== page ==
Ai Weiwei (Chinese, b. 1957). Han Jar Overpainted with Coca-Cola Logo, 1995. Earthenware, paint; H. 9 7/8 in. (25 cm); Diam. 11 in. (28 cm). Lent by M+ Sigg Collection, Hong Kong. © Ai Weiwei
«Upon first seeing Han Jar Overpainted with Coca-Cola Logo in the special exhibition Ink Art: Past as Present in Contemporary China, we were overwhelmingly reminded of one of the larger themes of modern Chinese art: the conflict between the progression of the modern and the preservation of the traditional. This Han dynasty pot emblazoned with the faded Coca-Cola logo struck us as an almost humorous representation of this conflict.»
There is an aversion by some to the radical shift from traditional Chinese characters to their simplified counterparts, with those who are against the movement arguing that important elements of Chinese culture are being lost. What this vase represents is a single piece of Chinese history that is aggressively being merged with the modern world, but what is quite notable is that the result is not so much a destruction of the classical as it is an evolutionary product of convergence.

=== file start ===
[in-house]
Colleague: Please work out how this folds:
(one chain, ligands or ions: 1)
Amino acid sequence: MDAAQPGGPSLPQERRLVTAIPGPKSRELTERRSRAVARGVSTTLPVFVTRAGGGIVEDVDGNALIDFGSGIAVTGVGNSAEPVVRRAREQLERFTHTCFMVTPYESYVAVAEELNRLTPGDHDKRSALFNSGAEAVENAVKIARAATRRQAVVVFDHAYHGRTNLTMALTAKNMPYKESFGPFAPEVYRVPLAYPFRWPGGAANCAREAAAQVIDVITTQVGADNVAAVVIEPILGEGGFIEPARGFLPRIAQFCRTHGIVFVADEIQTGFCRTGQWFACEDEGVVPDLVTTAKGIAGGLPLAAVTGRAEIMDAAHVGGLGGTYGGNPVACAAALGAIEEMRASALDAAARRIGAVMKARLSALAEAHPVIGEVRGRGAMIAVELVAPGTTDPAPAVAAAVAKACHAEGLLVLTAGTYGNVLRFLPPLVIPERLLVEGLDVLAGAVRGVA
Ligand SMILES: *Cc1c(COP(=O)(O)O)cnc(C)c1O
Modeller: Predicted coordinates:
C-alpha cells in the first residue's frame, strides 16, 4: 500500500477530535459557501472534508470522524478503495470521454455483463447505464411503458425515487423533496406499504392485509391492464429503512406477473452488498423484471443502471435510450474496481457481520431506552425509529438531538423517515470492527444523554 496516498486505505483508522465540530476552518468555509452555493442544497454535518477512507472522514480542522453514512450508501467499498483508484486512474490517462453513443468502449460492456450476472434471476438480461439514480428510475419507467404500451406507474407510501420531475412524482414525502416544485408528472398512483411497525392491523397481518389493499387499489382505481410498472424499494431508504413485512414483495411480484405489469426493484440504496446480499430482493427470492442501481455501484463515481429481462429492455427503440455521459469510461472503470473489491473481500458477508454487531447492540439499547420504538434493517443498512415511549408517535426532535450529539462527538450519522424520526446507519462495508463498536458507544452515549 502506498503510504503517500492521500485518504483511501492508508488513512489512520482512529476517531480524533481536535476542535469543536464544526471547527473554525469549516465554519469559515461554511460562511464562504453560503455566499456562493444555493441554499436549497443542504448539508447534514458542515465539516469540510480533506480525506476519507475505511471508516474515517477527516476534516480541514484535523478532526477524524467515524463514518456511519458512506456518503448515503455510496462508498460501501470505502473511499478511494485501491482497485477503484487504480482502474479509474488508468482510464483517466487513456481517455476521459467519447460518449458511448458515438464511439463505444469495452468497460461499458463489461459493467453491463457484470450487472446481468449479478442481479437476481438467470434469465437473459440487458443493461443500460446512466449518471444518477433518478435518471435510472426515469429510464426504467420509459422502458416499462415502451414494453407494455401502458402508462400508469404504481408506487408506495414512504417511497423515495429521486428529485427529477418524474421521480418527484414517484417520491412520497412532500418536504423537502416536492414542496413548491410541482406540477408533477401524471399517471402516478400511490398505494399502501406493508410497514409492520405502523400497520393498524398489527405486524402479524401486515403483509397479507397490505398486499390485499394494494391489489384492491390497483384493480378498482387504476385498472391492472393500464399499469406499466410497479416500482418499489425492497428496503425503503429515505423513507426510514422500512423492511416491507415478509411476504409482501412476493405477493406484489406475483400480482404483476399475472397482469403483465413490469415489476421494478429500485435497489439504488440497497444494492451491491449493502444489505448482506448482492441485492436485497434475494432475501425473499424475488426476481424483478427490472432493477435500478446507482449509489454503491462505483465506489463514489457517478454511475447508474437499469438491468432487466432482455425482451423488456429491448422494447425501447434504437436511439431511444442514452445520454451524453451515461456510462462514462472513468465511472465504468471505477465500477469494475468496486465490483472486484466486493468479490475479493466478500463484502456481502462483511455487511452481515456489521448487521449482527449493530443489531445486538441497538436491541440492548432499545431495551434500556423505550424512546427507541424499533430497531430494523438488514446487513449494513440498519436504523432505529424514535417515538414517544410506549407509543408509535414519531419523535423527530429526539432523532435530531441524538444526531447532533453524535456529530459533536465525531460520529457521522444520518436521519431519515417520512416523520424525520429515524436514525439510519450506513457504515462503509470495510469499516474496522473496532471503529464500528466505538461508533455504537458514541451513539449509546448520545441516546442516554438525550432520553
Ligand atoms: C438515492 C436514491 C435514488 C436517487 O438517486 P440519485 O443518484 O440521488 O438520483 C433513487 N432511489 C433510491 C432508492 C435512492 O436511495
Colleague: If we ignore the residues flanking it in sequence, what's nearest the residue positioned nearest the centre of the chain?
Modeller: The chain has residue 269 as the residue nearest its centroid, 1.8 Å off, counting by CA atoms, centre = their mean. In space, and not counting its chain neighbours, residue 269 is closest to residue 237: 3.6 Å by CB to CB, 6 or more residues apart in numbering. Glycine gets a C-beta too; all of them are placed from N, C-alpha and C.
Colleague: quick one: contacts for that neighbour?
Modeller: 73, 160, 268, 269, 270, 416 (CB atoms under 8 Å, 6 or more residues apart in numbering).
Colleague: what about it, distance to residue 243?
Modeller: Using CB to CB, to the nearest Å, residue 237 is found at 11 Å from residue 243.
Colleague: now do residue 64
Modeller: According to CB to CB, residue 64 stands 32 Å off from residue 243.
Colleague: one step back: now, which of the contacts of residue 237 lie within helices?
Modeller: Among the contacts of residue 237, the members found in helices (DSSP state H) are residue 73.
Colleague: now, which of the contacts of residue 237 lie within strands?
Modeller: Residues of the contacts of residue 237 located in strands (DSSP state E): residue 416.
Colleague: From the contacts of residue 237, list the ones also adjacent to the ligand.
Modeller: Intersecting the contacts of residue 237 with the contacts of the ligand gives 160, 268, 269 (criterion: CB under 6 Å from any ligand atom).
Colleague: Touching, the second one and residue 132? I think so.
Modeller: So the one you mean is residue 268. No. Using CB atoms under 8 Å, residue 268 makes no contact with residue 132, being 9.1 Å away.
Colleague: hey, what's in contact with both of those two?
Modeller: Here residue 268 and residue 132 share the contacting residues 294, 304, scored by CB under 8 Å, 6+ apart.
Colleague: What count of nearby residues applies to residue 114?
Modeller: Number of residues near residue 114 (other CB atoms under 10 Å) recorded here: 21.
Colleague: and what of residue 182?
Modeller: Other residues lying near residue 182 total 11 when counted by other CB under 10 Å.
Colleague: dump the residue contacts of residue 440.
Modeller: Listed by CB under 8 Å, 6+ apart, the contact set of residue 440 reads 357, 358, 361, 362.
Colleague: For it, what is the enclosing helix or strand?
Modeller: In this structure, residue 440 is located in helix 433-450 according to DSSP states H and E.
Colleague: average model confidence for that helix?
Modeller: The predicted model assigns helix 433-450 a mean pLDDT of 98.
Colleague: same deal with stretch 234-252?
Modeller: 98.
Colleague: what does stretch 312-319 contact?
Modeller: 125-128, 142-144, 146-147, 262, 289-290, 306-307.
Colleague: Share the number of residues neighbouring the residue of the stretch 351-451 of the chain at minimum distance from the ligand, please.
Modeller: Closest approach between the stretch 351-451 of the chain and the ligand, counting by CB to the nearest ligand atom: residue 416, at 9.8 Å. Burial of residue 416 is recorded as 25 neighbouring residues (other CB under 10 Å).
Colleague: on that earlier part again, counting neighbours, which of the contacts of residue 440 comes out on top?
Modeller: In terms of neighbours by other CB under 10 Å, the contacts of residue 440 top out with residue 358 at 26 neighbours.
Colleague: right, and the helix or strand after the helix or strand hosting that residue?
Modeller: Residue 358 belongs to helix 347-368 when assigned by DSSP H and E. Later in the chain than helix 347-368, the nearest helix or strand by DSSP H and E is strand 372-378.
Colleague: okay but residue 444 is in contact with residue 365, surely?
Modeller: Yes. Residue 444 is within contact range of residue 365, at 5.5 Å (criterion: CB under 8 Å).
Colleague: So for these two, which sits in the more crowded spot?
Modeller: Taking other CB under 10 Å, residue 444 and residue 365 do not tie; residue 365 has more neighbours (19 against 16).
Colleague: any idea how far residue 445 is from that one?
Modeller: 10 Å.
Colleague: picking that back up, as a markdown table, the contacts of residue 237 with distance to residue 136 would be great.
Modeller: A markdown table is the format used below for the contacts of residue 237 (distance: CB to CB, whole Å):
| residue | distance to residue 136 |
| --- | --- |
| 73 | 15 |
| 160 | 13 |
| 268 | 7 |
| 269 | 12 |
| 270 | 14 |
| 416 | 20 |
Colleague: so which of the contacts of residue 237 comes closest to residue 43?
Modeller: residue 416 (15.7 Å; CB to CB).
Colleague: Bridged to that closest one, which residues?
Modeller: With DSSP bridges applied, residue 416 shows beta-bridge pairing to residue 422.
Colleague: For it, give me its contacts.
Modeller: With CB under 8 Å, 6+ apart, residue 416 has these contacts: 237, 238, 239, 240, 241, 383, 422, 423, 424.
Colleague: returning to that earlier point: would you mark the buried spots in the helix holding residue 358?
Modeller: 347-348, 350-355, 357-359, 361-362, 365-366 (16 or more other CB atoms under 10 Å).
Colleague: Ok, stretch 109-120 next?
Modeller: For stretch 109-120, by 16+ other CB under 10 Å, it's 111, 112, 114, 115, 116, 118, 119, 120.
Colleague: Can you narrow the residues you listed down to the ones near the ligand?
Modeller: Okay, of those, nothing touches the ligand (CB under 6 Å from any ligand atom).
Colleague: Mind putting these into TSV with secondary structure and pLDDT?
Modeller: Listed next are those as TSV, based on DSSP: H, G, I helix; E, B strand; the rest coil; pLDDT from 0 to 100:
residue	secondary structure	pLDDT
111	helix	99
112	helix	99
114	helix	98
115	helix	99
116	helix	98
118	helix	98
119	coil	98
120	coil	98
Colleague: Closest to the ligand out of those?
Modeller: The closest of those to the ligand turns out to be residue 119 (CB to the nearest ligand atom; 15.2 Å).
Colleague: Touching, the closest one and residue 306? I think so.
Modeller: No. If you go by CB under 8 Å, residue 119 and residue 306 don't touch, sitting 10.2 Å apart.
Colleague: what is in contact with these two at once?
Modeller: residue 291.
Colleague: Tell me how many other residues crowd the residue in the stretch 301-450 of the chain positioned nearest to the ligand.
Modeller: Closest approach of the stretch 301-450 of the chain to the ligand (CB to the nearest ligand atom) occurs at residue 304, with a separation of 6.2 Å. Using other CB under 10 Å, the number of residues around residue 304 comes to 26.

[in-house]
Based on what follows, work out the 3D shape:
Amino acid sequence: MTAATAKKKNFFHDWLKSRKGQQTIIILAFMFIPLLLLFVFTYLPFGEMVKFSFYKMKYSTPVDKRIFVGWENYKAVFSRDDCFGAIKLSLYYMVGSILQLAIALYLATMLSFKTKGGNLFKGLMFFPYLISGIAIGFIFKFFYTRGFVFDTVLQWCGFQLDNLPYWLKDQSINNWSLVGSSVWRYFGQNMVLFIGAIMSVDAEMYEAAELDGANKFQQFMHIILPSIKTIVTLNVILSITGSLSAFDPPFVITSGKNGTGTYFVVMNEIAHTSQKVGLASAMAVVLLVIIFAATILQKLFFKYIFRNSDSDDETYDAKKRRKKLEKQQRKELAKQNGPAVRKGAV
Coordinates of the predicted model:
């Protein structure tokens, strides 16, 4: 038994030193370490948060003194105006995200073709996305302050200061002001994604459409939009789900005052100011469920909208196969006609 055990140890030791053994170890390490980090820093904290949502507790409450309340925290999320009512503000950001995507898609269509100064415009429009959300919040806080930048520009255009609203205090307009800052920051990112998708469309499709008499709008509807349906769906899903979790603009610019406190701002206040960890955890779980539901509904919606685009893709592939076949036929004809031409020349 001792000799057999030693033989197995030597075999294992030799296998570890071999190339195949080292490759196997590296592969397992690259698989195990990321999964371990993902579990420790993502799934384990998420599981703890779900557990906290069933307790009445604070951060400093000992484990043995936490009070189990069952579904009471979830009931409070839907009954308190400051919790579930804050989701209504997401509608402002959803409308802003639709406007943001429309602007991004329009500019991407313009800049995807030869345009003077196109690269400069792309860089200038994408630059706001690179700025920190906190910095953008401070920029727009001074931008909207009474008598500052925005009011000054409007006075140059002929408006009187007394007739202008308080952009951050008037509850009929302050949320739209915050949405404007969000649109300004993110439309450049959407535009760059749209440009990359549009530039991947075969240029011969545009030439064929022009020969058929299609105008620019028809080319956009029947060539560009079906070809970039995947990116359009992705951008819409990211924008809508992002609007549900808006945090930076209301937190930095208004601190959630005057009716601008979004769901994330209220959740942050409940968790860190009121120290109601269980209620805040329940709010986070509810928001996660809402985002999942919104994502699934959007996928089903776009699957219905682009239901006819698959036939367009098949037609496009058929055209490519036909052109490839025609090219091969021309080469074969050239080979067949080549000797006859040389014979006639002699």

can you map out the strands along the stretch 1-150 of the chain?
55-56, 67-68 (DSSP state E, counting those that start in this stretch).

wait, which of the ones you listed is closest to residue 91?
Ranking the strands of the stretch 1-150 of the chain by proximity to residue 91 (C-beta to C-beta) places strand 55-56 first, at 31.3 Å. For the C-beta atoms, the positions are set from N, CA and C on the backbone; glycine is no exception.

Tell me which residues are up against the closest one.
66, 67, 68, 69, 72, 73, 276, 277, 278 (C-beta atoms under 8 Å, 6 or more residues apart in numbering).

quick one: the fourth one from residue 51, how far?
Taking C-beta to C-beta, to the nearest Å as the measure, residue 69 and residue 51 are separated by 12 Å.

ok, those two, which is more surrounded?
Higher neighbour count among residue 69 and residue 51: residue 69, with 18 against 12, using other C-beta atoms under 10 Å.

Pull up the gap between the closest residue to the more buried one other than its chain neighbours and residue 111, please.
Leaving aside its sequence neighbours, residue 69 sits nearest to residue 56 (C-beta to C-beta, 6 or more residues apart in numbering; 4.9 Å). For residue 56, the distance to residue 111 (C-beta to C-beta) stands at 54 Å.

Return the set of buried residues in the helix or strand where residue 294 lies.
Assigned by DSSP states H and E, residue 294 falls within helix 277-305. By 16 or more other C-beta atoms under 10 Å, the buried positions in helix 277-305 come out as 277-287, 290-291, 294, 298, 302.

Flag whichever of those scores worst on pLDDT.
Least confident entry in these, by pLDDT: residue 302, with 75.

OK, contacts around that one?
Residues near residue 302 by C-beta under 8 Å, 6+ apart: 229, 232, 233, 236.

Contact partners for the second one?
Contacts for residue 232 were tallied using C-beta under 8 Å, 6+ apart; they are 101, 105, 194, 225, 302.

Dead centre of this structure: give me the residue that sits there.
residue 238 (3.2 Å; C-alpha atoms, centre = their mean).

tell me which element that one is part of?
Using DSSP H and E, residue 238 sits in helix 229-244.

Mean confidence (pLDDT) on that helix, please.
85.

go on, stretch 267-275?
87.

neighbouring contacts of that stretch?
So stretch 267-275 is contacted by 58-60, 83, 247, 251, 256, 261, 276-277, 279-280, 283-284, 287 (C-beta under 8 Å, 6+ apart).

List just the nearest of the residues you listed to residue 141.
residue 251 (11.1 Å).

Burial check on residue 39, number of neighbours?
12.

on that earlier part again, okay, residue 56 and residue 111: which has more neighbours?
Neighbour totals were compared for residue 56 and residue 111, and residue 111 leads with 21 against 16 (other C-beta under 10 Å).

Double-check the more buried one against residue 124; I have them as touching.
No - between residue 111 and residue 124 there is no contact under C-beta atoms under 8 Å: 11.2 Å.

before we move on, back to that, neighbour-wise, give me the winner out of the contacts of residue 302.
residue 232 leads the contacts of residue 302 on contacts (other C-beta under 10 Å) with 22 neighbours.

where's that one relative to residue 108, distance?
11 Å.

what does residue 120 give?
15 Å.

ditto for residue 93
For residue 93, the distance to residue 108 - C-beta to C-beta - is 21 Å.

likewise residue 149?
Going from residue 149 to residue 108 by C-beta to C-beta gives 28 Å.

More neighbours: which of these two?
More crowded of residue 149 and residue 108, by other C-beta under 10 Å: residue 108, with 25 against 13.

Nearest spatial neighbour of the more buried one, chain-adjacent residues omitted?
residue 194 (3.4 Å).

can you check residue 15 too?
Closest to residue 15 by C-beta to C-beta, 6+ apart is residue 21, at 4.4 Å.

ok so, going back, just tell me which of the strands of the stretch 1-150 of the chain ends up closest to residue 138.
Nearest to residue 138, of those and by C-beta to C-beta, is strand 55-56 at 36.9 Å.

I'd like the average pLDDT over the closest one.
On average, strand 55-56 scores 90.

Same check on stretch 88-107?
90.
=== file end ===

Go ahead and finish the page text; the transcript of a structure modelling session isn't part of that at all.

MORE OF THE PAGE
This work is a curious blend of tradition and modernity, using old-world artwork as a billboard for new-age advertising. We were fascinated by the work's connection to pop art, which used everyday objects to comment on the prevalence of consumerism in the modern world. Just as Andy Warhol and Jasper Johns took common images from pop culture and gave them unique spins, Ai Weiwei employs the ubiquitous Coca-Cola logo in his piece.
However, the logo itself is just one element that makes the piece both visually and mentally interesting. The work derives its meaning not only from the logo but from its relationship with the Han dynasty pot. Although the very presence of the logo seems to deface the relic, the faded quality of the logo actually matches the historical look of the pot—suggesting that, rather than industry aggressively dominating culture, tradition and innovation can coexist in harmony.
The juxtaposition of the old and the new forces the viewer to consider China's connection with its past, and asks us to consider whether tension or unity—or both—connects the past and the present.